Coalition must not destroy legacy of lowest child poverty for 25 years

Tim Nichols, of the Child Poverty Action Group, looks at the policies brought in under Labour thast helped bring child poverty down to the lowest levels for 25 years.

Tim Nichols is the Press and Parliamentary Officer of the Child Poverty Action Group

The coalition government has argued for an approach to ending child poverty that is not simply about moving a few families over an arbitrary line. They want a strategy that is about making work pay, rather than income transfers, or “poverty plus a pound” as Nick Clegg often puts it in his dismissive soundbite.

But the new child poverty figures out yesterday present a problem for the government’s analysis and strategy.

Not only do they show a fall of 200,000 in the number of children in poverty – bringing the figure, measured before housing costs, to its lowest level in 25 years – but they also show a reduction of 100,000 in the coalition’s new measure of material deprivation combined with severe relative low income (below 50 per cent median income).

It had been predicted that any fall in poverty for 2009/10 would be largely a consequence of a fall in median income following the recession. The headline poverty mark is 60 per cent median income, so if median income falls, so does the poverty line, leaving some people who were just below it now just above it. But median income actually rose slightly.

Therefore we can only really attribute the fall in child poverty to three key investments the previous government made in families from April 2009:

• A rise in child benefit for the oldest child to £20;

• A £50 annual rise in child tax credit above indexing;

• The introduction of a child benefit disregard in housing benefit and council tax benefit, so that working families on low income got more help with their rent and council tax.

This strategy, combining universal benefits, income transfers, housing support and tax rebates, was of course working in parallel with other elements of a broad strategy on child poverty, such as a decade of growing investment in Sure Start centres. Clearly, it was working.

Not only was relative poverty impacted, but also so was severe poverty and material deprivation. This is not just a paper exercise of children moving over an arbitrary line, the evidence clearly shows a real impact on the lives and wellbeing of children affected by socioeconomic disadvantage.

But all this progress is now under threat. The Institute for Fiscal Studies (IFS) has predicted that, as a consequence of the coalition’s programme of cuts, especially cuts to family welfare, child poverty will begin to rise again.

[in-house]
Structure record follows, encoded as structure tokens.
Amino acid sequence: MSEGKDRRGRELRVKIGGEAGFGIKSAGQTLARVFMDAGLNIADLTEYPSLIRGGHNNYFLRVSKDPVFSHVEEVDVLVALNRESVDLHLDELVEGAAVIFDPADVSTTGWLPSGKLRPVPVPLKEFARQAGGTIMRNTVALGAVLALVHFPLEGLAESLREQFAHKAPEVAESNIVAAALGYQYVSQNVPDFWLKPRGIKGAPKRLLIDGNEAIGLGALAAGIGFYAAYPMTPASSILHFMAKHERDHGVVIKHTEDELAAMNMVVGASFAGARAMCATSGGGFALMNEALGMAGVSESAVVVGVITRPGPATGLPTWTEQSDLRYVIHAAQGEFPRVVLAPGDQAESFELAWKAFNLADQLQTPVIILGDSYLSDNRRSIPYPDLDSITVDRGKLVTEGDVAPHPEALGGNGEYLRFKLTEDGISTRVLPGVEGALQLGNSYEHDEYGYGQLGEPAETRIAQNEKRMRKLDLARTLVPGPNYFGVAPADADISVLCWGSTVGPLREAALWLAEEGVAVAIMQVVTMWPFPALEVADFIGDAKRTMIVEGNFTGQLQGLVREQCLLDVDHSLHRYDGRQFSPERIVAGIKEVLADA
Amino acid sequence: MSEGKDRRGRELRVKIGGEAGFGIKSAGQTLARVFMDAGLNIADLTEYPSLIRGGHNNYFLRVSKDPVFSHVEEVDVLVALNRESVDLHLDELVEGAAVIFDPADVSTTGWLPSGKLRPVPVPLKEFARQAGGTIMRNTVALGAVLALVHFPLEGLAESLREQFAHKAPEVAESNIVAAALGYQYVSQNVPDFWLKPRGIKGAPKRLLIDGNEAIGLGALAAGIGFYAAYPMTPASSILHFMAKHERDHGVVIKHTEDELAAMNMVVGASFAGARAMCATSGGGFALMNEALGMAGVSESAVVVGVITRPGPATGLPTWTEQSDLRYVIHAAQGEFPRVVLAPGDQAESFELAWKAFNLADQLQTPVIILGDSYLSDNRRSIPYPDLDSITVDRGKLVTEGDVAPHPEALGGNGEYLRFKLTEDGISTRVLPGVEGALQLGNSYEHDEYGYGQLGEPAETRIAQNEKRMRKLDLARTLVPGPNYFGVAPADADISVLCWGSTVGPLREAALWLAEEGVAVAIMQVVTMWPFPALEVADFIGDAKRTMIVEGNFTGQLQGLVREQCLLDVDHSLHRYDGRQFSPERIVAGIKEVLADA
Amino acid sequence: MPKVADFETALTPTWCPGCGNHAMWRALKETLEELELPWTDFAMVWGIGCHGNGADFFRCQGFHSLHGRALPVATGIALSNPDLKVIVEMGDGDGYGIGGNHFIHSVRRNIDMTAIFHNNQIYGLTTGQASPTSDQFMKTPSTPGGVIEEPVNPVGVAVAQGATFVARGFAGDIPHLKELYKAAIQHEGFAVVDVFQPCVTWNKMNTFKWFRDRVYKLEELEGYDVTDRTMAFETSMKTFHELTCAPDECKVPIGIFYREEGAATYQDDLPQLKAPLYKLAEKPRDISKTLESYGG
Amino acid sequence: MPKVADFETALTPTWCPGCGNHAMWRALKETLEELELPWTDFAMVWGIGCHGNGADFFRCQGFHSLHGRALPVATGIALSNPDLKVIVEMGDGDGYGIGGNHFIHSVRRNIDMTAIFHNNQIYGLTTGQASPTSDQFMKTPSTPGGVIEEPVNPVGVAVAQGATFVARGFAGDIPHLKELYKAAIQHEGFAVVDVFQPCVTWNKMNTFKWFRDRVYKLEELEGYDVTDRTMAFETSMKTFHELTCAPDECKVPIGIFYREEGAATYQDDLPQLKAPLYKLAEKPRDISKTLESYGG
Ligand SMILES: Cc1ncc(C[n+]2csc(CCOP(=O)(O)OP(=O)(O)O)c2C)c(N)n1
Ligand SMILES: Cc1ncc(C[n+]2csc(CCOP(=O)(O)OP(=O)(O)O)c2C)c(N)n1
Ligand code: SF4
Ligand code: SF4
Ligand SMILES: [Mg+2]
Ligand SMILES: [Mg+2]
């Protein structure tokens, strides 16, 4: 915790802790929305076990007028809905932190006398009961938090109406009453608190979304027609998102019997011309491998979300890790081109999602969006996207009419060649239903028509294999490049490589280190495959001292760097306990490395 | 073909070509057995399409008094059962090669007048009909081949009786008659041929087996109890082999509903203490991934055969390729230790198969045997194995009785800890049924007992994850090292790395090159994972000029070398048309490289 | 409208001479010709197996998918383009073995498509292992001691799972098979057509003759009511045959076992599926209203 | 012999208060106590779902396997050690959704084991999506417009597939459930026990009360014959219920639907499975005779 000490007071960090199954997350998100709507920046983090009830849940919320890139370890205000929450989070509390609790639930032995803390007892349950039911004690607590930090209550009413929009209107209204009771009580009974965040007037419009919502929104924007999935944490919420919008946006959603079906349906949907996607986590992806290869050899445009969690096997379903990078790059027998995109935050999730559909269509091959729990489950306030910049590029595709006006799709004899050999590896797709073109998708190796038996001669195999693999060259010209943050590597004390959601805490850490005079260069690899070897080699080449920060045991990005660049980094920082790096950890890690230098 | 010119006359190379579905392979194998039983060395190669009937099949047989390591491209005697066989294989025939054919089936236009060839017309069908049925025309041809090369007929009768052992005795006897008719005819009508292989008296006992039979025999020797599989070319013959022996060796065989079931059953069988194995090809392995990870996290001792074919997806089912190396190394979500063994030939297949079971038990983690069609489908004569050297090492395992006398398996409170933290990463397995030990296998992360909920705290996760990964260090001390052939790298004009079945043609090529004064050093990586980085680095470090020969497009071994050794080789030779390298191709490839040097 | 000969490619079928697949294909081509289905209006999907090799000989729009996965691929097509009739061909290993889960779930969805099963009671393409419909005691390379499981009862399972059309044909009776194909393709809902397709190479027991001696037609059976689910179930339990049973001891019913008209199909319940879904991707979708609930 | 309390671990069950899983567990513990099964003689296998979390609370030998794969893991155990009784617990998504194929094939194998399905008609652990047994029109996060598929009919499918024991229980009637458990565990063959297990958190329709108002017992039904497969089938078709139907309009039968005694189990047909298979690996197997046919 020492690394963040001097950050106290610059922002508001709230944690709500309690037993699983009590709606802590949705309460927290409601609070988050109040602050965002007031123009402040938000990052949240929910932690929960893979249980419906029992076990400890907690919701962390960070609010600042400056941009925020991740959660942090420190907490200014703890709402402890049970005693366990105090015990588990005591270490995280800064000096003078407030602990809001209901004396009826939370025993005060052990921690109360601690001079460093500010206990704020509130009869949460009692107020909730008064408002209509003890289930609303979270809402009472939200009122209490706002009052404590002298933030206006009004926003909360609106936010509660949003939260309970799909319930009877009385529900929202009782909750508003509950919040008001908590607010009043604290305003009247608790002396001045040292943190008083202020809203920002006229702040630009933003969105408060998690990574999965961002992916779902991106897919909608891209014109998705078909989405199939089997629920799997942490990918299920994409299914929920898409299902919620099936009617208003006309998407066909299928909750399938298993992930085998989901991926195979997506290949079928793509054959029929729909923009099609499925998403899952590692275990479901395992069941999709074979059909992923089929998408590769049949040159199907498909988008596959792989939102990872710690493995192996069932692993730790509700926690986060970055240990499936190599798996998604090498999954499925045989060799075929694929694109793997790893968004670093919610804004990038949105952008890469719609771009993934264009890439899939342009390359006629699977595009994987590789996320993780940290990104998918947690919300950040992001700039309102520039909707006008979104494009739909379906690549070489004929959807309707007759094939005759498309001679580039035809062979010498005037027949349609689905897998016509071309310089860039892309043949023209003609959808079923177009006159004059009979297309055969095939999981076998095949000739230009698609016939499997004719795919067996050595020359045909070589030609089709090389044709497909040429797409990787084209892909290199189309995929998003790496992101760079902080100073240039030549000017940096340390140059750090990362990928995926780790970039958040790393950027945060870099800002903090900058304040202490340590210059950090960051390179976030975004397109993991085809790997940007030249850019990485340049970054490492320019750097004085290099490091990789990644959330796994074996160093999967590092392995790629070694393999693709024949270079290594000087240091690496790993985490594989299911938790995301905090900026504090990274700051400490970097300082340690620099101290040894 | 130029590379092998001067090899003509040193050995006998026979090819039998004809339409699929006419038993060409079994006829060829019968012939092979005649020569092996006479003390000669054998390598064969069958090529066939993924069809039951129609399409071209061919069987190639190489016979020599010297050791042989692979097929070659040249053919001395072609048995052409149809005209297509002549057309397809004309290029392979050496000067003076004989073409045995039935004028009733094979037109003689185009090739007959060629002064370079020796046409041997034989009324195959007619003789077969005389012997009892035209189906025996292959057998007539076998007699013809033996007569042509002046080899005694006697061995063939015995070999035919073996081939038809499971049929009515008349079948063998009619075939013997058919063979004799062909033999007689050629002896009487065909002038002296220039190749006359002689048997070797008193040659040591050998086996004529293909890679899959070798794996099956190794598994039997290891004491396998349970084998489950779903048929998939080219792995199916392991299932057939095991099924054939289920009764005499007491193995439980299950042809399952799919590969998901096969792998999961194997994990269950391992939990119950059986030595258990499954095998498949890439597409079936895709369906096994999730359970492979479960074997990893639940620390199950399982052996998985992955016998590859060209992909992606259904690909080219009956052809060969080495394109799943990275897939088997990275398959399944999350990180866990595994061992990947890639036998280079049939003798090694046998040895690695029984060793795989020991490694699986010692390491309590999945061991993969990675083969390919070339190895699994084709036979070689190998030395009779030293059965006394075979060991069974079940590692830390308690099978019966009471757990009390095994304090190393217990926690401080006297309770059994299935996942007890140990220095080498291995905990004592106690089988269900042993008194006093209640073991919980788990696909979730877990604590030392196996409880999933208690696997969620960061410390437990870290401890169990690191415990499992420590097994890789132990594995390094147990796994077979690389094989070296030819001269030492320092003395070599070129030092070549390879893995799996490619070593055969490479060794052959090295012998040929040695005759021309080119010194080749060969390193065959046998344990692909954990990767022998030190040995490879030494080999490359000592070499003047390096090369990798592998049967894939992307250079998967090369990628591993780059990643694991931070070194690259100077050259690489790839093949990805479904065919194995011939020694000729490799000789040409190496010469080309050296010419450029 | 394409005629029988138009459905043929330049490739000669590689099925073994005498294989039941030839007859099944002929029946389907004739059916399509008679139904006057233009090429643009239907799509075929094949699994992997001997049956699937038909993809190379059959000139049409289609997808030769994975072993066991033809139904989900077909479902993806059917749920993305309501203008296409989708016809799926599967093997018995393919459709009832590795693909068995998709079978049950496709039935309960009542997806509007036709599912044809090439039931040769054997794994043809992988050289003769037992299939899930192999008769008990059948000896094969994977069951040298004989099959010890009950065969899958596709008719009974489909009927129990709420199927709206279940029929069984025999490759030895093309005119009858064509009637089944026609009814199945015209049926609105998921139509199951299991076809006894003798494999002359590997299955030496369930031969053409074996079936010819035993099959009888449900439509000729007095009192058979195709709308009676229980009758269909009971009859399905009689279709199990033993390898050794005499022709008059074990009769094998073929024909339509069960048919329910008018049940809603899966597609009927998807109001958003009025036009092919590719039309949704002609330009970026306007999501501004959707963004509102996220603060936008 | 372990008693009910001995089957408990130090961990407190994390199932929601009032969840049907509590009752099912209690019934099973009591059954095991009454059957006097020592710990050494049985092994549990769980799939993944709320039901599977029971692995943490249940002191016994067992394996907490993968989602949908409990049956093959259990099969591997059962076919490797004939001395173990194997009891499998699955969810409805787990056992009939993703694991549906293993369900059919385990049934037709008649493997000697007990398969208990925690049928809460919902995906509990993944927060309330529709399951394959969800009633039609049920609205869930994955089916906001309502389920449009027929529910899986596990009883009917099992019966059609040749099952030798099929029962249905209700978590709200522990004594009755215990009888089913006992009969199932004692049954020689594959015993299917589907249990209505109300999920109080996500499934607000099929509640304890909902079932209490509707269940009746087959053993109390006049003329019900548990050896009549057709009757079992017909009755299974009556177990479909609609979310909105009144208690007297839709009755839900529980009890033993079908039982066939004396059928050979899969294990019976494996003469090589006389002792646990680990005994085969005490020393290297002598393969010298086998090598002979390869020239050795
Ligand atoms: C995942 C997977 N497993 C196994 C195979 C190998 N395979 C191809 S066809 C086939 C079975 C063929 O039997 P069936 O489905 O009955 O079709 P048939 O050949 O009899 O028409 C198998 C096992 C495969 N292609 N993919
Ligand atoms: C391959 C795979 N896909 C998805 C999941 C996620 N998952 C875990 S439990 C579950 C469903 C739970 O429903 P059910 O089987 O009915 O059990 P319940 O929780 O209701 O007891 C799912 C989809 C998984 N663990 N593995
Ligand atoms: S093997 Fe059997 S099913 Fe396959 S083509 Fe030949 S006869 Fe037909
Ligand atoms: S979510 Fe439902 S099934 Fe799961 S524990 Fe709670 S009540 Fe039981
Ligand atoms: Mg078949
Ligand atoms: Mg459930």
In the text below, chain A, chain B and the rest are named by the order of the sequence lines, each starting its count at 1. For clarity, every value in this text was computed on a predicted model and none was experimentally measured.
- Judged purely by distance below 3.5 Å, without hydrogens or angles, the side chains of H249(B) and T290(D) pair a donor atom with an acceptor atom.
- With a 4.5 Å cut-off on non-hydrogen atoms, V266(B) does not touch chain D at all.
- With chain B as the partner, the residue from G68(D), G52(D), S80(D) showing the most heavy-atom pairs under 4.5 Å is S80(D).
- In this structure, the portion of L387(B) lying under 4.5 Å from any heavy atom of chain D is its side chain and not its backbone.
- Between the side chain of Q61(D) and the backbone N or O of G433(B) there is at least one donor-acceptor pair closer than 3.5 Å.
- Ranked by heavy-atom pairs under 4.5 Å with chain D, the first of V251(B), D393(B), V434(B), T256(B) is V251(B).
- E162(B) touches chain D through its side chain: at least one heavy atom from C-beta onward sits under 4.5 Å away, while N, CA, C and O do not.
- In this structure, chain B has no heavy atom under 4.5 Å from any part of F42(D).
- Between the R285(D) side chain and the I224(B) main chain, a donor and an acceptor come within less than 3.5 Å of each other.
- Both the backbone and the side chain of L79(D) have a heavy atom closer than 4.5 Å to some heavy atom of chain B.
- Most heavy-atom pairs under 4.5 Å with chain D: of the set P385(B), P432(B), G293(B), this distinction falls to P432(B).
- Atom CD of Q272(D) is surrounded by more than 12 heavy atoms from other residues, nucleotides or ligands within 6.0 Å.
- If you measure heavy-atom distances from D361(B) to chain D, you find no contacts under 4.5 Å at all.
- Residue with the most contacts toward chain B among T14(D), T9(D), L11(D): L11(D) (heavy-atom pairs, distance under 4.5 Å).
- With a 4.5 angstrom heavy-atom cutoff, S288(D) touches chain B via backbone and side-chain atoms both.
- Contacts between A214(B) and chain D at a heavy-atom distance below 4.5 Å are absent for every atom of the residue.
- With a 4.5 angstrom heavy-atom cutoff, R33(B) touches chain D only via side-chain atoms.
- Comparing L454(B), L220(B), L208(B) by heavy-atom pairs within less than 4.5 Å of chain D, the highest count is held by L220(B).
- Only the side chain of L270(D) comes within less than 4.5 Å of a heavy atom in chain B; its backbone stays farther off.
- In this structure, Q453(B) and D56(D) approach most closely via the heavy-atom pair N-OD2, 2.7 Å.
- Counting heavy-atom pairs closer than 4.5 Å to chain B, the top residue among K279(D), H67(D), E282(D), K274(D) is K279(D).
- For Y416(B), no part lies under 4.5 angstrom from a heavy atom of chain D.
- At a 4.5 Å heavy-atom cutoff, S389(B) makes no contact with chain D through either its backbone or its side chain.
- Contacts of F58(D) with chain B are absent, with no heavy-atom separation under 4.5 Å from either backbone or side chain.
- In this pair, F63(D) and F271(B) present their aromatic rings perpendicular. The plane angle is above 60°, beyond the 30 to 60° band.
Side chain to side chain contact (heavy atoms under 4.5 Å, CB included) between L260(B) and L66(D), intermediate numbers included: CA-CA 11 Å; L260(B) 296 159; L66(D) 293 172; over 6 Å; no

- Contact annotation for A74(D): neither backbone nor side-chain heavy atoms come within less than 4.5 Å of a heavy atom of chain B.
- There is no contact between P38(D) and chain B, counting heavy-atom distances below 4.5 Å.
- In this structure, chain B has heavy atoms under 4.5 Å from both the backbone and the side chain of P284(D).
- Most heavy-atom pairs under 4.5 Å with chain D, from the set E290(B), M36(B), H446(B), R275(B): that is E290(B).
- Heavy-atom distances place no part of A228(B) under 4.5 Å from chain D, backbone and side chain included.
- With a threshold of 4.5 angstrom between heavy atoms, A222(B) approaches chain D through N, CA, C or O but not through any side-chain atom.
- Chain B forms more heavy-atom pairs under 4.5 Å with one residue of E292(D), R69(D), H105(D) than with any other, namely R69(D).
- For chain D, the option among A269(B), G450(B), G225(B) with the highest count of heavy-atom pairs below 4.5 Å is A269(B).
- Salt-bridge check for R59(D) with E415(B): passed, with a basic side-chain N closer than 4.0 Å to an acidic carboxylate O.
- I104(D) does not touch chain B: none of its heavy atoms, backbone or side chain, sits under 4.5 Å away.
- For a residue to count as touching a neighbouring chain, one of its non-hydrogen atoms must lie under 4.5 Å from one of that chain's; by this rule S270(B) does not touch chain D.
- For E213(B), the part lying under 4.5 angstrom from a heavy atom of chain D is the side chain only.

See the table below:

  Millions % of children

Baseline year: 1998/99


Latest figures: 2009/10 2.6 20%
IFS estimate: 2010/11 2.5
IFS estimate: 2013/14 2.7
Coalition’s 2020 target Below 10%

Sources: HBAI 1998/99-2009/10 (rounded figures before housing costs); Children and Working-Age poverty from 2010 to 2013, IFS 2010

Many of the coalition’s cuts run directly counter to ministers’ stated priorities of making work pay and increasing work incentives. Tax credits and support to help meet childcare costs are suffering the swing of the axe from chancellor George Osborne and his Liberal Democratic deputy, Danny Alexander, while Iain Duncan Smith’s much vaunted Universal Credit is also being hobbled by the Treasury.

The work incentives that his Centre for Social Justice calculate are needed are now being wrecked by a refusal from the Treasury to fund the scheme at the level needed. Meanwhile Eric Pickles at the Department for Communities and Local Government is throwing another spanner in the works by insisting Council Tax Benefit is replaced by a complicated plethora of local schemes, turning the transparent work incentives that were intended into a postcode lottery for many claimants.

David Cameron made a great promise when he was seeking election to 10 Downing Street, saying in 2007:

“We can make British poverty history, and we will make British poverty history.”

But with the deputy prime minster taking the lead, the drive for progress on poverty has been lost due to his dismissal of adequate incomes today in favour of a focus on ‘life chances’ for tomorrow. It is time the coalition left behind the deputy prime minster’s vague rhetoric and got back in touch with the prime minster’s ambition.

The evidence base clearly dictates the kind of policies that successfully impact on children’s lives and wellbeing today. If the progress achieved – despite the awful economic circumstances – in the final year of the previous government were to be replicated throughout a full five-year term of the coalition government, there would be a million fewer children in poverty by the next election.

Only this concrete progress will change life chances for the next generation.

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